On August 3, 2016 Rajya Sabha passed the much awaited 122nd Constitutional Amendment to turn Goods and Services Tax (GST) Bill into law and replace different state and local taxes with unified value added tax system. In 2000, the Vajpayee government started discussion on GST by setting up and empowered committee under then West Bengal Finance Minister Asim Dasgupta. In a nutshell, it has taken 16 long years for the GST bill being approved by both the houses of parliament. But as they say better late than never.
Analysts say the implementation of the goods and services tax (GST) could provide the kind of productivity boost helping the economy massively in long term. Here are the various ways in which GST will help.
1) Unified market: The GST will cut down the large number of taxes imposed by the central government (e.g. central VAT or excise duty, services tax, central sales tax on inter-state sales, etc.) and states (VAT on sales, entertainment tax, luxury tax and octroi and entry taxes levied by municipalities). This will lead to the creation of a unified market, which would facilitate seamless movement of goods across states and reduce the transaction cost of businesses.
2) Lower incentive to evade tax: Currently, companies have to pay taxes on entire underlying value of the product/service, but under GST, companies in a chain will have to pay tax only on the value-addition. So, the actual tax paid will likely be small and reduce the incentive for evasion.
3) Widen tax base: GST will give credits for all taxes paid earlier in the goods/services chain incentivising tax-paying firms to source inputs from other registered dealers. This will bring in additional revenues to the government as the unorganised sector, which is not part of the value chain, would be drawn into the tax net. Besides, states will be allowed to tax services (as opposed to only the central government) under the GST.
Let’s us look at an example as to how GST will start benefitting the businesses and economy as a whole.
Indian truck drivers clock an average of 280 km per day, much below the world average of 400 km per day and far below the 700 km the average truck driver in the US does every day. The underperformance of Indian truckers has less to do with bad roads and less fancy trucks and more about prevailing archaic laws.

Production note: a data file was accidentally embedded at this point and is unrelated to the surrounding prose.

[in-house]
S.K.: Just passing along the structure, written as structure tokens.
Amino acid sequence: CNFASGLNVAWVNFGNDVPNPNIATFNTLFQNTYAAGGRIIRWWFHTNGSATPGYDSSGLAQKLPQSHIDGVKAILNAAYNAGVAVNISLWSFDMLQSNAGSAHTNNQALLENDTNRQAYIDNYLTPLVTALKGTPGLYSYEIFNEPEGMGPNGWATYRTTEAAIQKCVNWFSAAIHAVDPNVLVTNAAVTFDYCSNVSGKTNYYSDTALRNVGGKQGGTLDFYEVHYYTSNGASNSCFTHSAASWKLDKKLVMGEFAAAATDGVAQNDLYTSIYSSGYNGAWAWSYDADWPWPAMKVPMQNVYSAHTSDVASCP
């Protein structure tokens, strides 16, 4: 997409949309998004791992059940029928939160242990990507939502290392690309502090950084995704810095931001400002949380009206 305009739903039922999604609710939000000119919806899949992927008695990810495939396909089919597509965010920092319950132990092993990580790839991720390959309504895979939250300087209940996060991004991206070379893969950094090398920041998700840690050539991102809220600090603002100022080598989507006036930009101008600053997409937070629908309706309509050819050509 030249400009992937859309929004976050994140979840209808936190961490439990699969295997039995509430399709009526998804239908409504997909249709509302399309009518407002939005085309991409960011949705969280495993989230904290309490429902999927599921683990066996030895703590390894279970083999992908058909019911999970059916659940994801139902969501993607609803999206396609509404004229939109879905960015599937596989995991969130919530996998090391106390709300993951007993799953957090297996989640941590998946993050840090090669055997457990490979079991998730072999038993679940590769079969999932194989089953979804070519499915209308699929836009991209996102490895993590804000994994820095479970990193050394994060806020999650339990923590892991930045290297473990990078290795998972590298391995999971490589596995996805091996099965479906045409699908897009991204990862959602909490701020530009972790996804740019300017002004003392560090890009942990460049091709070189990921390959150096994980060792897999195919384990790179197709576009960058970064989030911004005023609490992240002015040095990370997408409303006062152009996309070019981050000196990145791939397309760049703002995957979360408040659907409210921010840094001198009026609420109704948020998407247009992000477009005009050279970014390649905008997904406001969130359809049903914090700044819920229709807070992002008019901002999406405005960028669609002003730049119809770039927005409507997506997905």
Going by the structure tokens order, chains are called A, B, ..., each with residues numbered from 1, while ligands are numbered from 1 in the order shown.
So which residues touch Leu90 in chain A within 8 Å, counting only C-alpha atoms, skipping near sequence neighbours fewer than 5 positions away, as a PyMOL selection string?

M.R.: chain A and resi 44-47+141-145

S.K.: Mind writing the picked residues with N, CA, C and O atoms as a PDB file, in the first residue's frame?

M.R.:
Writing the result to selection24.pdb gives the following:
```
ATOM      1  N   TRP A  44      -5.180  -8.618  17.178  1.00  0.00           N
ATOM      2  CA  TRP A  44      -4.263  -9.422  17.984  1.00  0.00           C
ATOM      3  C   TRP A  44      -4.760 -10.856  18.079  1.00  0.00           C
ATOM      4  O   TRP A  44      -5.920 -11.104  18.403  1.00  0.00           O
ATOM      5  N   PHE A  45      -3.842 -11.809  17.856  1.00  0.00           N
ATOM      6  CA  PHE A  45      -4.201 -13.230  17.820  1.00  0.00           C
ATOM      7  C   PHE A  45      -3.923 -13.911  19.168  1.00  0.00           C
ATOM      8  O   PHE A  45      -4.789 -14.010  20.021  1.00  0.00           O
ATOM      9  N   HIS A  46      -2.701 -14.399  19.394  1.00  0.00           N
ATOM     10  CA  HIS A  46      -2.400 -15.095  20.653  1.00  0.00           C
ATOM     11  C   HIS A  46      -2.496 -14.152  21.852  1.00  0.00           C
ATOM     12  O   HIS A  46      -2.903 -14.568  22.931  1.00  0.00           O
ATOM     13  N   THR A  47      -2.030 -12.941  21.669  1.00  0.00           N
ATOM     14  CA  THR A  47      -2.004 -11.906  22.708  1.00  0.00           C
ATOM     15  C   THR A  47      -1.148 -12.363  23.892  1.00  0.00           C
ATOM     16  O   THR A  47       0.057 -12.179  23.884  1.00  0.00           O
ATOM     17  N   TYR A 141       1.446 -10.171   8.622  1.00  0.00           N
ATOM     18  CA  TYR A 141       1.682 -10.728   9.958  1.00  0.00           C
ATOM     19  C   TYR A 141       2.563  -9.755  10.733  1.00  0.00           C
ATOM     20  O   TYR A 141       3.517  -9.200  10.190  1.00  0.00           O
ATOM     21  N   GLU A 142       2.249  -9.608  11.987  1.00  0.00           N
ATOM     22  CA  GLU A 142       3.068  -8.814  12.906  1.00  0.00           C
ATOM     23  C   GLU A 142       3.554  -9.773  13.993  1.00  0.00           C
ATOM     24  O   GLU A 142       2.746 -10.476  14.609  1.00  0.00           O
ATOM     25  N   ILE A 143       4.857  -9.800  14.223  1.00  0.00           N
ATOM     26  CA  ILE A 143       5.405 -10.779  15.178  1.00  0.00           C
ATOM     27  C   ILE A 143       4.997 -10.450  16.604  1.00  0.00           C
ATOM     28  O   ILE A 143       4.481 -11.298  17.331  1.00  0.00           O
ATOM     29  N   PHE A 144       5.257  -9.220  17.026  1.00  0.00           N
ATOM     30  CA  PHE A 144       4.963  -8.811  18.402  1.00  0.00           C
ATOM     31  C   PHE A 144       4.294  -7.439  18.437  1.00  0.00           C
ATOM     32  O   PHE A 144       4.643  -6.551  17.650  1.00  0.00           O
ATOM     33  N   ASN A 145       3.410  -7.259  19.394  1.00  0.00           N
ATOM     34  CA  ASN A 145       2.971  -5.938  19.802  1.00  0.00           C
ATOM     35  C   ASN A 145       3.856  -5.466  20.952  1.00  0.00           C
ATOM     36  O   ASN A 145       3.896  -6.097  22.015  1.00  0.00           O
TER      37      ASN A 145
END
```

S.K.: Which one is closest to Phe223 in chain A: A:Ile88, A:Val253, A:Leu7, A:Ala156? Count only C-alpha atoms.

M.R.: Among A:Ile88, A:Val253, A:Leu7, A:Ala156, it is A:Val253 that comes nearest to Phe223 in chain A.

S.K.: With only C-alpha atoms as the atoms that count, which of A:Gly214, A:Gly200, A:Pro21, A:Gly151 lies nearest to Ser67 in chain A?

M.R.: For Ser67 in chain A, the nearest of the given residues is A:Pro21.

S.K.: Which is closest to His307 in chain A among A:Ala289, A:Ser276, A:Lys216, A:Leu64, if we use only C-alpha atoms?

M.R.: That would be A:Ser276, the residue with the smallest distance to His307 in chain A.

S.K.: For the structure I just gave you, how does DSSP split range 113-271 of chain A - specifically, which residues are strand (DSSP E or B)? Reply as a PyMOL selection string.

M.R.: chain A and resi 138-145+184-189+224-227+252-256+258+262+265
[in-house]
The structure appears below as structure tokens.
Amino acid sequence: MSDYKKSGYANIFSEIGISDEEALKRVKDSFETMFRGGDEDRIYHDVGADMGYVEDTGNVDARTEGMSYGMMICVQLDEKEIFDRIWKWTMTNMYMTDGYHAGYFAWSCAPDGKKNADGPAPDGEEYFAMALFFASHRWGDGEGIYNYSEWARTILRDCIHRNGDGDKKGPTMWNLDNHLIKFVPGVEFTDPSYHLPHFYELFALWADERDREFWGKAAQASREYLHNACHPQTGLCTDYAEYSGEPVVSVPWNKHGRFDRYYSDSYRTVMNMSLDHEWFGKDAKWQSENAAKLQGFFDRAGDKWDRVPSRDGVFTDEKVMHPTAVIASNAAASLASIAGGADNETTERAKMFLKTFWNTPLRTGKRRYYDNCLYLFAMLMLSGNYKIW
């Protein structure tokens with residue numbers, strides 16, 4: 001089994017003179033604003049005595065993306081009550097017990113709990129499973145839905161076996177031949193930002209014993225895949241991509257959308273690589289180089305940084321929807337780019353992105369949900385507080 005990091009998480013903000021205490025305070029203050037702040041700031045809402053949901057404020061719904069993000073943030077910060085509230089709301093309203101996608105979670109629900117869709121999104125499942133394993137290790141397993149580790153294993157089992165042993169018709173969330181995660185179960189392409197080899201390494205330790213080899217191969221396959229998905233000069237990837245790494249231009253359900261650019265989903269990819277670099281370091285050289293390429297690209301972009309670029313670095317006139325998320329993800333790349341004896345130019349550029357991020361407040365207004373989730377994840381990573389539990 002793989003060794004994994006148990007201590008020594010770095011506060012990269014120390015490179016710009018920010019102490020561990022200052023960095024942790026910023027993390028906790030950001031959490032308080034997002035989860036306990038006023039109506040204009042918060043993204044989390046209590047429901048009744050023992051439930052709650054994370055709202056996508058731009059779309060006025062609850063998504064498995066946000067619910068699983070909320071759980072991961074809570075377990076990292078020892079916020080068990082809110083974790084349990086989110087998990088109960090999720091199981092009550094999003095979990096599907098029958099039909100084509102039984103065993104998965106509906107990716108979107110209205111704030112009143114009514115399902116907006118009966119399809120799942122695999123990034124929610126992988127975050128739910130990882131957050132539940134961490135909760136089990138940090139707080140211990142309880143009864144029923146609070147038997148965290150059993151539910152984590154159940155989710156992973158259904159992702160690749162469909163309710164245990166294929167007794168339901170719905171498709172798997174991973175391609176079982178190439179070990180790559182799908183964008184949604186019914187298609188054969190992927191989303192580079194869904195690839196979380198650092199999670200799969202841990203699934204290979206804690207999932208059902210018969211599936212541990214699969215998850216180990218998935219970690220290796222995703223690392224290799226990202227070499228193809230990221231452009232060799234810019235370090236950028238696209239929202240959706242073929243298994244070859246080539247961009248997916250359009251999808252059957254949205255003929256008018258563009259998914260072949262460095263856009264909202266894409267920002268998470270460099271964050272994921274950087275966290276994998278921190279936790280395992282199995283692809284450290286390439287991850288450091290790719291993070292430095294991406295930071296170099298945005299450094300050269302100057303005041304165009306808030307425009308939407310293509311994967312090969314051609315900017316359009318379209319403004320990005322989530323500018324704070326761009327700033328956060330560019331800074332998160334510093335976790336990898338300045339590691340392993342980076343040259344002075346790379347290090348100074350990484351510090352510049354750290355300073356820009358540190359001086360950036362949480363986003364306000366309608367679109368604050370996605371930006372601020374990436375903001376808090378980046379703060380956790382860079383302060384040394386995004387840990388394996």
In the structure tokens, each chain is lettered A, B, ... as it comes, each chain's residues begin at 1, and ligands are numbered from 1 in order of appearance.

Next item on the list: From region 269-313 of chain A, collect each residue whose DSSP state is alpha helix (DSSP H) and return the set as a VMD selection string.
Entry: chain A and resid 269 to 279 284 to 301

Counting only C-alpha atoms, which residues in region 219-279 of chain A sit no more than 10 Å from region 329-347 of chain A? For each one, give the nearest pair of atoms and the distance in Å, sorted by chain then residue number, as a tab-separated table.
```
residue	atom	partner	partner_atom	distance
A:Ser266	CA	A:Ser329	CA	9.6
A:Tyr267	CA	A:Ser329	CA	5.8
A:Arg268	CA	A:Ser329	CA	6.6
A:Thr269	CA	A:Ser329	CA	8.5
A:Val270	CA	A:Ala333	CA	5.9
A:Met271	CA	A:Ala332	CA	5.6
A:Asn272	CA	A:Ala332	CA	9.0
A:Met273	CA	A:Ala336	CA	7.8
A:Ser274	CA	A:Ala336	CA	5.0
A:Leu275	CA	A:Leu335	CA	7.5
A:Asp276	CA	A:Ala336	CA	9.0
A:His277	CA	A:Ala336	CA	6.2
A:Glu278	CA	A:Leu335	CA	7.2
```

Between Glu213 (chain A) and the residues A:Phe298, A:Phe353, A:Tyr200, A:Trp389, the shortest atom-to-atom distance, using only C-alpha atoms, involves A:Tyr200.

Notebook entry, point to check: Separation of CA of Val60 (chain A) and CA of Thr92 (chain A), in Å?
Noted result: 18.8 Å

Truck drivers in India spend 60 per cent of their time off roads negotiating check posts and toll plazas, says UBS Securities, which has also found that there are 650-odd check posts in the country and 11 categories of taxes on the road transport sector.
Since road traffic accounts for 60 per cent of freight traffic in India, the slow movement of trucks across states leads to productivity loss. According to UBS, if the distance covered goes up by 20 per cent per day, Indian truck productivity would improve by 12 per cent.
Higher productivity would cut the need for buffer stocks; reduce the loss of perishable goods, cut down the need for many warehouses, etc.
According to the National Council of Applied Economic Research, government’s tax revenue will increase by about 0.2 per cent because of GST implementation, while GDP growth could go up by 0.9-1.7 per cent. Exports will also get a boost as they are zero-rated for taxes and also because the fall in cost of manufactured goods and services under GST will increase the competitiveness of Indian goods and services in the international market, UBS says.
Now let’s understand this proposed impact of GST bill on supply chain and end consumer through an example. (GST assumed at 18%)
As we can see from the above, distributor will prefer to purchase with an invoice because it will give them a better profit margin. In the present scenario, the distributor will bear the burden of excise duty makes him more vulnerable to avoid taxes. This might make a few goods a little expensive but since tax evasion will be checked it will provide huge benefits to the country in years. Also, with more collection of taxes through an indirect route, it will provide much relief for direct taxes through income tax in years to come.
The party is not yet started
Yet, GST is far from reality as such. Rajya Sabha has approved 122nd Constitutional Amendment to turn the GST bill into law as there is no such law as GST Act till date. The bill will now be passed onto Lok Sabha, once an okay is received it will go for President who will ask the states to participate.
If 50% of states approve to the amendment, it will go to the President for the final ‘okay’. This will mean that constitution has been amended paving way for GST law.
Now the GST Bill will go through a parliamentary committee which will have to be introduced in the winter session. If there is an agreement, then the bill will be further discussed and put to vote in Lok Sabha and Rajya Sabha. After that it will be again sent to various states for approval, after that president will assent to it.
Hence, with a such a long process being on its way the Central Government is targeting to introduce it as early as April 1, 2017 or as late as April 1, 2018.
(Infographic courtesy Times of India and visual.ly).